do ho suh: bridging home
do ho suh: bridging home do ho suh: bridging home
may 30, 2012

do ho suh: bridging home

‘bridging home’ by do-ho suh, 2010 steel structural frame with sub timber frame, filcor 45 fra eps bounded to 19 mm marine plywood, painted finish liverpool, england, UK image via

do-ho suh’s work ‘bridging home’ is an outdoor mixed-media installation built between two structures. the small house is built on an angle, seeming to hover several feet above the ground between two taller buildings. the perched piece has an unsettling affect, highlighting the tension existent between stranger-neighbors in larger cities, alluding to the dual sense of belonging and anonymity of an individual hailing from this place. ‘bridging home’ also explores the affect of living in an interconnected world upon the psychology of the individual and the community.

the work was originally commissioned for the liverpool biennial, touched and will be part of the upcoming roundtable: 9th gwangju biennale at the tate modern on june 6th, 2012 for the gwangju biennale to take place from september 7th until november 11th, 2012 in gwangju, korea.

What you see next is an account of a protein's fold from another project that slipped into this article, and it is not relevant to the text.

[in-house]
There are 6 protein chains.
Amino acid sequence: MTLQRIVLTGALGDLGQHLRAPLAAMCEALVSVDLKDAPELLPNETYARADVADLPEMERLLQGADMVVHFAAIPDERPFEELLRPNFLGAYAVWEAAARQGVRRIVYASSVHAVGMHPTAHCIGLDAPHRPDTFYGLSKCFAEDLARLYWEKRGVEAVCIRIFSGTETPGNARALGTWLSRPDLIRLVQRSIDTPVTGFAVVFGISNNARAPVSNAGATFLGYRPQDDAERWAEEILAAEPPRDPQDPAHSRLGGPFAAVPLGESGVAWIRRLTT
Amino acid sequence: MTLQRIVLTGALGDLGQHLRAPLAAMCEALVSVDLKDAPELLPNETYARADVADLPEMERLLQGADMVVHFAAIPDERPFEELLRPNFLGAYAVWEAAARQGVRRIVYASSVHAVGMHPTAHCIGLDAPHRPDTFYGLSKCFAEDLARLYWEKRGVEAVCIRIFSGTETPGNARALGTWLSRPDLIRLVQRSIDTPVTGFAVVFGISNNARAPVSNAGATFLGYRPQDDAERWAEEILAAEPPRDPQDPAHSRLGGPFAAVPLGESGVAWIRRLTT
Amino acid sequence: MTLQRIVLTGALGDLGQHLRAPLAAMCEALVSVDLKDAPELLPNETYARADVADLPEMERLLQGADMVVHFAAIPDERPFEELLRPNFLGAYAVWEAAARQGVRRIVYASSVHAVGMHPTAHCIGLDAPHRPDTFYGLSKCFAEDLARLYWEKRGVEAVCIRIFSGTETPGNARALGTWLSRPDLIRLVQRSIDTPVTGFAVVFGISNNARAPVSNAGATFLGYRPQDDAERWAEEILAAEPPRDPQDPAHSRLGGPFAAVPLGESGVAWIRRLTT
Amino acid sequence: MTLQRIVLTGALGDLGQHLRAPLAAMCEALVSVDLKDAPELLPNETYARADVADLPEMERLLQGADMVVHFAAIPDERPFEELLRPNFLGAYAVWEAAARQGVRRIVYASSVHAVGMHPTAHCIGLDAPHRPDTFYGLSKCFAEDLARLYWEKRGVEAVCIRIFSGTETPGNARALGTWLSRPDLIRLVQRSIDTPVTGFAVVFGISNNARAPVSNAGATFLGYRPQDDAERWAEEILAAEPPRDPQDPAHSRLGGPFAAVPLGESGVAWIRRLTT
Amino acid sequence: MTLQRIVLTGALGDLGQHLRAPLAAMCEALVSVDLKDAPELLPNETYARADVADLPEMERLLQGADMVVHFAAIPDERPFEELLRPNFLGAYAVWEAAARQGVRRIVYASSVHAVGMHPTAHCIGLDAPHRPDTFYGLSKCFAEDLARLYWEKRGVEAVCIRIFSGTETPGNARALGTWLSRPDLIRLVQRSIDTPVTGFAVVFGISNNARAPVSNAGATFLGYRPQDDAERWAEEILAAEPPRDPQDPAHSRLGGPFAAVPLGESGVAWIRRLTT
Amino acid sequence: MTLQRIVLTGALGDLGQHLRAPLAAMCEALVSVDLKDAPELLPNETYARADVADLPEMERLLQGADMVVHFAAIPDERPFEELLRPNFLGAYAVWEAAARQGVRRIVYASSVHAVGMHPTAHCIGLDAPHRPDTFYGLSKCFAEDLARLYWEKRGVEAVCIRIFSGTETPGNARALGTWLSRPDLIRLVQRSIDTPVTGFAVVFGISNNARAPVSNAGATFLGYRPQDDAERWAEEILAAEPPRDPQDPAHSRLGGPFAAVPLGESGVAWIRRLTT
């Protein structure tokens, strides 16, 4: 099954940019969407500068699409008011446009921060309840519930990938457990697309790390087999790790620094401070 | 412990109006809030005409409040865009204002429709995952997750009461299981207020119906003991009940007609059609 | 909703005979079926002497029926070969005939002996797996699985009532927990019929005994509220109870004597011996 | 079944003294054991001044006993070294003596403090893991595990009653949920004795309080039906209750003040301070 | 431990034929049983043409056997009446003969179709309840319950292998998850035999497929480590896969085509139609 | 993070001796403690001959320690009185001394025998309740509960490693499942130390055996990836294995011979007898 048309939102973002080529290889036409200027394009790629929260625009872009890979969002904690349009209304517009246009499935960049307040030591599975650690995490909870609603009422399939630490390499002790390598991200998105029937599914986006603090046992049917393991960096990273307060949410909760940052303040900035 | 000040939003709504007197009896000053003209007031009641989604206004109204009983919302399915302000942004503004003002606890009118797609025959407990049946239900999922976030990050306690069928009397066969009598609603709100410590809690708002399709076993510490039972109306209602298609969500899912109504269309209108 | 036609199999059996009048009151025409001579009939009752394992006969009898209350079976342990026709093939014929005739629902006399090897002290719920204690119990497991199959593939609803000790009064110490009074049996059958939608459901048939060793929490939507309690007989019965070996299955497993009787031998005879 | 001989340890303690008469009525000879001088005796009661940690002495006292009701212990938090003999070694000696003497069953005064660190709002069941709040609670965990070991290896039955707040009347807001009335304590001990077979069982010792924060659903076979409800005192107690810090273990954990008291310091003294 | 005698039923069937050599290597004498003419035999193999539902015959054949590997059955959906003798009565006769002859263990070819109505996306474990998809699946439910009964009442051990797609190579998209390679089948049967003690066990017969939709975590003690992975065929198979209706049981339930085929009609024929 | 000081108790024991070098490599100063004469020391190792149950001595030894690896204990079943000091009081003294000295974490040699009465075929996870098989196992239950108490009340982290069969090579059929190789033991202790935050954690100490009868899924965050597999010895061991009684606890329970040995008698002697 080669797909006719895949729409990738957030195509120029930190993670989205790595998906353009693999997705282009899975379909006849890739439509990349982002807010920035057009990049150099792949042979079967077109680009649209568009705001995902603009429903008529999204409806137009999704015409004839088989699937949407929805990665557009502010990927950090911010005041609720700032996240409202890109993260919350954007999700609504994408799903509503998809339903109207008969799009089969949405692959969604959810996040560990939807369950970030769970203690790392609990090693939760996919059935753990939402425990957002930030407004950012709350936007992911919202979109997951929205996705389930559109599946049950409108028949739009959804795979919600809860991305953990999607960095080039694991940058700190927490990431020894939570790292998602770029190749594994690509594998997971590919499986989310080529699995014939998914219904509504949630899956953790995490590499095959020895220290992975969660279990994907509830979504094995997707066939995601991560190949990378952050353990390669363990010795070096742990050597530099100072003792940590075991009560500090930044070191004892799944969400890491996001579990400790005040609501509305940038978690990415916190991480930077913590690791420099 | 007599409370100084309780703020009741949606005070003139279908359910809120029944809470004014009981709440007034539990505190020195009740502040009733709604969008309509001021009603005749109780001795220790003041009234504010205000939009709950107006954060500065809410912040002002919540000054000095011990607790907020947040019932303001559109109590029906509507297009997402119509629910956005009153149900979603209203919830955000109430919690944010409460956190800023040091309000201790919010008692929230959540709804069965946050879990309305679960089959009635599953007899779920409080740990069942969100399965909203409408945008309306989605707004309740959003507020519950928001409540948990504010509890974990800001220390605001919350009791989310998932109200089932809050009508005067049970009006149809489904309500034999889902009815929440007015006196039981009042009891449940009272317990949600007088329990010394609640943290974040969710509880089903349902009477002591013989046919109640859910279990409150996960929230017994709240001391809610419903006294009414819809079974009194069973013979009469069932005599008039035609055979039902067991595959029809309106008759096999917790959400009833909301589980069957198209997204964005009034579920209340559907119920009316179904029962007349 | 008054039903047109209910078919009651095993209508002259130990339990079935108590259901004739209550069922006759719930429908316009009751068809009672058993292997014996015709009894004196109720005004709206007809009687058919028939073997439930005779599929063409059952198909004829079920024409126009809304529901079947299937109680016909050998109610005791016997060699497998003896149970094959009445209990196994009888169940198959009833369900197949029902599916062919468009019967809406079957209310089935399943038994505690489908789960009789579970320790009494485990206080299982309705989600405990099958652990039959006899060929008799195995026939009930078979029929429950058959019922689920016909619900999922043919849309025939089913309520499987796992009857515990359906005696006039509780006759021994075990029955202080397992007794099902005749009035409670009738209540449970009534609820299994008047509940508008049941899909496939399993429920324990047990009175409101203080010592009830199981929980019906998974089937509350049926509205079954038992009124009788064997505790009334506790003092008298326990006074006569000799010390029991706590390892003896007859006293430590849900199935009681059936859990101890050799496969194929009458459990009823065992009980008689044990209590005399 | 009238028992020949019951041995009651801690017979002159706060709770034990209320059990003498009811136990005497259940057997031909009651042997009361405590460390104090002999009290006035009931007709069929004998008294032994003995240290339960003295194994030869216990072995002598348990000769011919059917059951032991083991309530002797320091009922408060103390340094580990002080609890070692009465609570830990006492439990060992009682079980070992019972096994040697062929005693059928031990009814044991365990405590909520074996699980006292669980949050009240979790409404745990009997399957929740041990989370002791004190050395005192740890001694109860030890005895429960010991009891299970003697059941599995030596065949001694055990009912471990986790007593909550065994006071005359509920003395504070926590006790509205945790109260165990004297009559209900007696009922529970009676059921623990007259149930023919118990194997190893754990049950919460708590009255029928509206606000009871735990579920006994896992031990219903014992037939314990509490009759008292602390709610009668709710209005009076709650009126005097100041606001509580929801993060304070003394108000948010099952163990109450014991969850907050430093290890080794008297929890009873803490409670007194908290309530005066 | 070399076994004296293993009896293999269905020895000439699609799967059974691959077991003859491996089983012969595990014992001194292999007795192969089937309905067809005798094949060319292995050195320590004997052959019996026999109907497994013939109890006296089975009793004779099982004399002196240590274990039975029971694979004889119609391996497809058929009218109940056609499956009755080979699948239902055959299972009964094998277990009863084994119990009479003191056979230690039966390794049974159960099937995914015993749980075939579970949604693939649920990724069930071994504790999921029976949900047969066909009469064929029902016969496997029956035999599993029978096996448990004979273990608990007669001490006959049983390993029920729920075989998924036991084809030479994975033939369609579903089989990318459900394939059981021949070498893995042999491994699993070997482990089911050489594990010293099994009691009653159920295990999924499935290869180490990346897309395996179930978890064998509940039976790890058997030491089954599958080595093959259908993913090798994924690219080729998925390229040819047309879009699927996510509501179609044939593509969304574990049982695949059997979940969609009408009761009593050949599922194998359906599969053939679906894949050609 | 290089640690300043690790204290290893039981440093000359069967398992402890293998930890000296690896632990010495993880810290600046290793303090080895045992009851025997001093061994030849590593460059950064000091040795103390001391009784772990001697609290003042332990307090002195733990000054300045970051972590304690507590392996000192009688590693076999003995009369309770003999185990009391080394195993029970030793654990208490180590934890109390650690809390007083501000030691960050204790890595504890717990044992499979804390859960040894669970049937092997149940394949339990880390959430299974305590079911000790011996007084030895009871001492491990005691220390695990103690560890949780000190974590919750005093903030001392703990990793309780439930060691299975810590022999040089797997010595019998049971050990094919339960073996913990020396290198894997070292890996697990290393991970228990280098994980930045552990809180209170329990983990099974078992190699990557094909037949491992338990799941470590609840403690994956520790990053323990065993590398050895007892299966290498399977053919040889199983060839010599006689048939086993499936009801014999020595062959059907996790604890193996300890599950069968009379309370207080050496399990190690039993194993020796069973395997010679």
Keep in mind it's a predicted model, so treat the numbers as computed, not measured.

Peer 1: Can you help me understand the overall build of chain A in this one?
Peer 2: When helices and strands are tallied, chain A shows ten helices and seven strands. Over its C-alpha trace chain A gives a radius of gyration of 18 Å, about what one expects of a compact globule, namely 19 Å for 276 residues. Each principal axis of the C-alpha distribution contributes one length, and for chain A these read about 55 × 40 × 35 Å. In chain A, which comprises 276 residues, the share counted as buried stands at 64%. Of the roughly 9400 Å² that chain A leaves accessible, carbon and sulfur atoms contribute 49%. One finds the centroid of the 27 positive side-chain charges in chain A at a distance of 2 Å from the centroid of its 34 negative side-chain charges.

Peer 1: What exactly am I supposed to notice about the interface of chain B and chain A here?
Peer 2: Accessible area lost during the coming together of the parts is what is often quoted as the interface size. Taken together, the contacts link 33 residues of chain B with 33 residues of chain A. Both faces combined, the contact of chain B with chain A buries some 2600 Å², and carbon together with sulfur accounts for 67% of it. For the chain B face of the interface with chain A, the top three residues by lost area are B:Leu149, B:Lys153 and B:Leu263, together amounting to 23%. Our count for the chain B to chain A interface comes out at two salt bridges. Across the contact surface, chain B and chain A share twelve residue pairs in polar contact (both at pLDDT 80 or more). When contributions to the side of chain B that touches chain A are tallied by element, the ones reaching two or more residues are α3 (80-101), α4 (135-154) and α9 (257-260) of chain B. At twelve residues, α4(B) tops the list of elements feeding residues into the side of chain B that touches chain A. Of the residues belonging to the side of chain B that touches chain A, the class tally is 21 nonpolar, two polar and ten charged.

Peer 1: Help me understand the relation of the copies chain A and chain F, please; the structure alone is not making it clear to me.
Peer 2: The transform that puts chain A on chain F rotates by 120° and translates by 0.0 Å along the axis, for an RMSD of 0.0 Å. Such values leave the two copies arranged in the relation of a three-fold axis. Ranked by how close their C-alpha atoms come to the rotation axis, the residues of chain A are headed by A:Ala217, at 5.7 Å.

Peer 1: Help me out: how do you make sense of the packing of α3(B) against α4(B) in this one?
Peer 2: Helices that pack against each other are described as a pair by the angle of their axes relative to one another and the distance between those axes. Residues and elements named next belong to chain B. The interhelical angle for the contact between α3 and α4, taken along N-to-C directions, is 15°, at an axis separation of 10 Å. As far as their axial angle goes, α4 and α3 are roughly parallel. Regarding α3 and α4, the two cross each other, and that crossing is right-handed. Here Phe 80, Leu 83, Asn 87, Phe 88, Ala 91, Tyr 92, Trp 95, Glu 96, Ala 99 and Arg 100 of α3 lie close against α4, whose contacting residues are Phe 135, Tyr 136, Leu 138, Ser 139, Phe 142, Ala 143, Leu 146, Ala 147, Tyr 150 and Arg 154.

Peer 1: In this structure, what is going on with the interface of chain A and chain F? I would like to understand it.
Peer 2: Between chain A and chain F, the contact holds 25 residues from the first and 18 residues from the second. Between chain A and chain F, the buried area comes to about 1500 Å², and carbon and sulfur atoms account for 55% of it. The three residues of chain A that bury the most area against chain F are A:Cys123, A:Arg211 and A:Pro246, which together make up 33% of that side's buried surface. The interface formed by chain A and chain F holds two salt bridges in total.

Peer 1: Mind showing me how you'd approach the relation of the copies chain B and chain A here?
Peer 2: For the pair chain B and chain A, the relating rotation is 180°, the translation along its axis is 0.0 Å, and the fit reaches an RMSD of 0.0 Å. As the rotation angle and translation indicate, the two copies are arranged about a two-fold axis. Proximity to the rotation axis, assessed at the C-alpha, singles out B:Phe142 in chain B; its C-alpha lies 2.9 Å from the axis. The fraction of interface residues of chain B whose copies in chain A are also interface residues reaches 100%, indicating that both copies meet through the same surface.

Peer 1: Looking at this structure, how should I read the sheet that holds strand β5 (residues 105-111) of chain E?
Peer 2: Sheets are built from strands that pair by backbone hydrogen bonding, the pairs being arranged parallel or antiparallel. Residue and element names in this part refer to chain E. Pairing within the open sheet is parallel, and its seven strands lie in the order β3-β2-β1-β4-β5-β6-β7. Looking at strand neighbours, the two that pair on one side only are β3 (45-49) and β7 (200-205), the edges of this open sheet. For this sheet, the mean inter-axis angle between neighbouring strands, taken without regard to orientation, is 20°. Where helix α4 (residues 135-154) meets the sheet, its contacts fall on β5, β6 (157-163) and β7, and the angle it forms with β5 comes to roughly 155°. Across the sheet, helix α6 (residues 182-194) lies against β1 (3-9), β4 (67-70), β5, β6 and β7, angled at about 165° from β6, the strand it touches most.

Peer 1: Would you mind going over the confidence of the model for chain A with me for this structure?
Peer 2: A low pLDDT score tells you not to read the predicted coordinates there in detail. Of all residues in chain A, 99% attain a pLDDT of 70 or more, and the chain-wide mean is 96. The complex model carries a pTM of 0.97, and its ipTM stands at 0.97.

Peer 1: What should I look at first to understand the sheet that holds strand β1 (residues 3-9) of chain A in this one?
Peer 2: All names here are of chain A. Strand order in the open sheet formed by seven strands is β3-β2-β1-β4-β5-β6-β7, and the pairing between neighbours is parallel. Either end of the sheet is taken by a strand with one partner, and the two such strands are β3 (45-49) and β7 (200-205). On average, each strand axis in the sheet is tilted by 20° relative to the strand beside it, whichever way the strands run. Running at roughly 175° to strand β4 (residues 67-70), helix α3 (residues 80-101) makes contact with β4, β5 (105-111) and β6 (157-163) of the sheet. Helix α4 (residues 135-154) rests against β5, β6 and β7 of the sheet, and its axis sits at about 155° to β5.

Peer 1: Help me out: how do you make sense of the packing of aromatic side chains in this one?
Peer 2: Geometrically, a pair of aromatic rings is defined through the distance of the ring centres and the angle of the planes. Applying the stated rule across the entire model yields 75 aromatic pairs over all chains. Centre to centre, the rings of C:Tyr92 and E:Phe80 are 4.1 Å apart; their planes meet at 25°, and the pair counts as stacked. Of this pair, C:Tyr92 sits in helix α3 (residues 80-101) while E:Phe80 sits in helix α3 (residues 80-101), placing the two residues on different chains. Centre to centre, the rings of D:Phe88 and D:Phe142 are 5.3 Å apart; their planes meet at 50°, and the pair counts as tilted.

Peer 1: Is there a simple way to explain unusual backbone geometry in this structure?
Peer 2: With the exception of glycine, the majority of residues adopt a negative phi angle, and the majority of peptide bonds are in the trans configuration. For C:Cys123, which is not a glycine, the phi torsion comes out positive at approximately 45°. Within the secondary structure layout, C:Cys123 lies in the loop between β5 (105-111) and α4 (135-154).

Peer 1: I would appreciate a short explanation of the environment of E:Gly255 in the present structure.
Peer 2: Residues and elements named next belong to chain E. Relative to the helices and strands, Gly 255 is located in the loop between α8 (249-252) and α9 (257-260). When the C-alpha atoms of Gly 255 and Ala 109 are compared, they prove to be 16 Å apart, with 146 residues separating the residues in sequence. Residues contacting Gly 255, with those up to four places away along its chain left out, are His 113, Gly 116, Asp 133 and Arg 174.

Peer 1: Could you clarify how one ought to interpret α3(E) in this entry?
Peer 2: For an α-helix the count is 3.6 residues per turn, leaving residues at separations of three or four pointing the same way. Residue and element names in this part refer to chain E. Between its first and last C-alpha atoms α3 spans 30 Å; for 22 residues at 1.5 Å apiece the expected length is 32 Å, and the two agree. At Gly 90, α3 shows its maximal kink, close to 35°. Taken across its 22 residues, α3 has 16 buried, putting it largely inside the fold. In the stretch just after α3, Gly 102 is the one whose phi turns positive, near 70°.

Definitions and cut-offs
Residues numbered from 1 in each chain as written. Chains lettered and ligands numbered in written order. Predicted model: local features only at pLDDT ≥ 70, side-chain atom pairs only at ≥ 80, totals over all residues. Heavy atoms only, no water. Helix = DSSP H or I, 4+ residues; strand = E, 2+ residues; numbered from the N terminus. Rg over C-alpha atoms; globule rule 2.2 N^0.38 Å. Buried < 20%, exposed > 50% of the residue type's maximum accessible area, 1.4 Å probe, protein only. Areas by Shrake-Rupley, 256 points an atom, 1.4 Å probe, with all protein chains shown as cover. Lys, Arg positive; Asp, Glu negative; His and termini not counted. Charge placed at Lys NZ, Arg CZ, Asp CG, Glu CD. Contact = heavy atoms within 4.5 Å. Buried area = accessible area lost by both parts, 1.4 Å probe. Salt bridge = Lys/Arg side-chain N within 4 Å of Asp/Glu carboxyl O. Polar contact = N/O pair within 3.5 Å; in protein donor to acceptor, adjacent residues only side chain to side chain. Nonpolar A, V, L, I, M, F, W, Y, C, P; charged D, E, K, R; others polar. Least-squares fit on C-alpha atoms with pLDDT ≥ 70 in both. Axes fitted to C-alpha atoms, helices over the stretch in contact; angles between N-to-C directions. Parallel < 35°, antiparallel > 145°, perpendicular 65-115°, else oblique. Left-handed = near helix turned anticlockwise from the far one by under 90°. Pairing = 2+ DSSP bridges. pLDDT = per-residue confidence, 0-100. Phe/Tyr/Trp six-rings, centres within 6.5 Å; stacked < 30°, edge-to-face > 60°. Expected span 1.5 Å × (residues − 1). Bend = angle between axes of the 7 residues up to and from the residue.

image via all my colours

a detailed view of the work image via

image via

image via

  • Who´s the girl that walking in the first picture??? I want know her!

    Robert says:
  • She is the owner of the house.

  • Tengo una foto de ese edificio de hace dos años, y no estaba!! Me ha alegrado reconocerlo!!!

    Carolina says:
  • where is the interior? is that really house for living?

    Damz says:
  • DB, please do a column on the endless variations of the Art House.
    I am tired of resenting them, (while so many have no housing, a house built for Art, not for dwelling is inexcusable.) and want a good excuse to celebrate the astonishing inventiveness (see above-) of this form.
    I do love it. And were it available to dwell in, I would.

    Miss Creant says:
  • whether or not we can live in the house, it’s pretty awesome to see. also, the artist has touched upon themes accessible to many in this piece.exploring the psyche of the metropolitan modern human– sounds pretty worthwhile to me to make a piece of art that so many can relate to?

    franz says:
  • I saw the photo, and thought is that Liverpool, looked it up and it is! I see text like that all over the city, yet fail notice the house wedged between.

    Savingkii says:
  • IDIOTIC, senseless waste of time and energy–
    beautiful brickwork next door

    WWillem says:
  • if it’s not your time, energy or money, what do you care?
    do you also believe scarpa’s exhaustive work was a waste?

    andy says:

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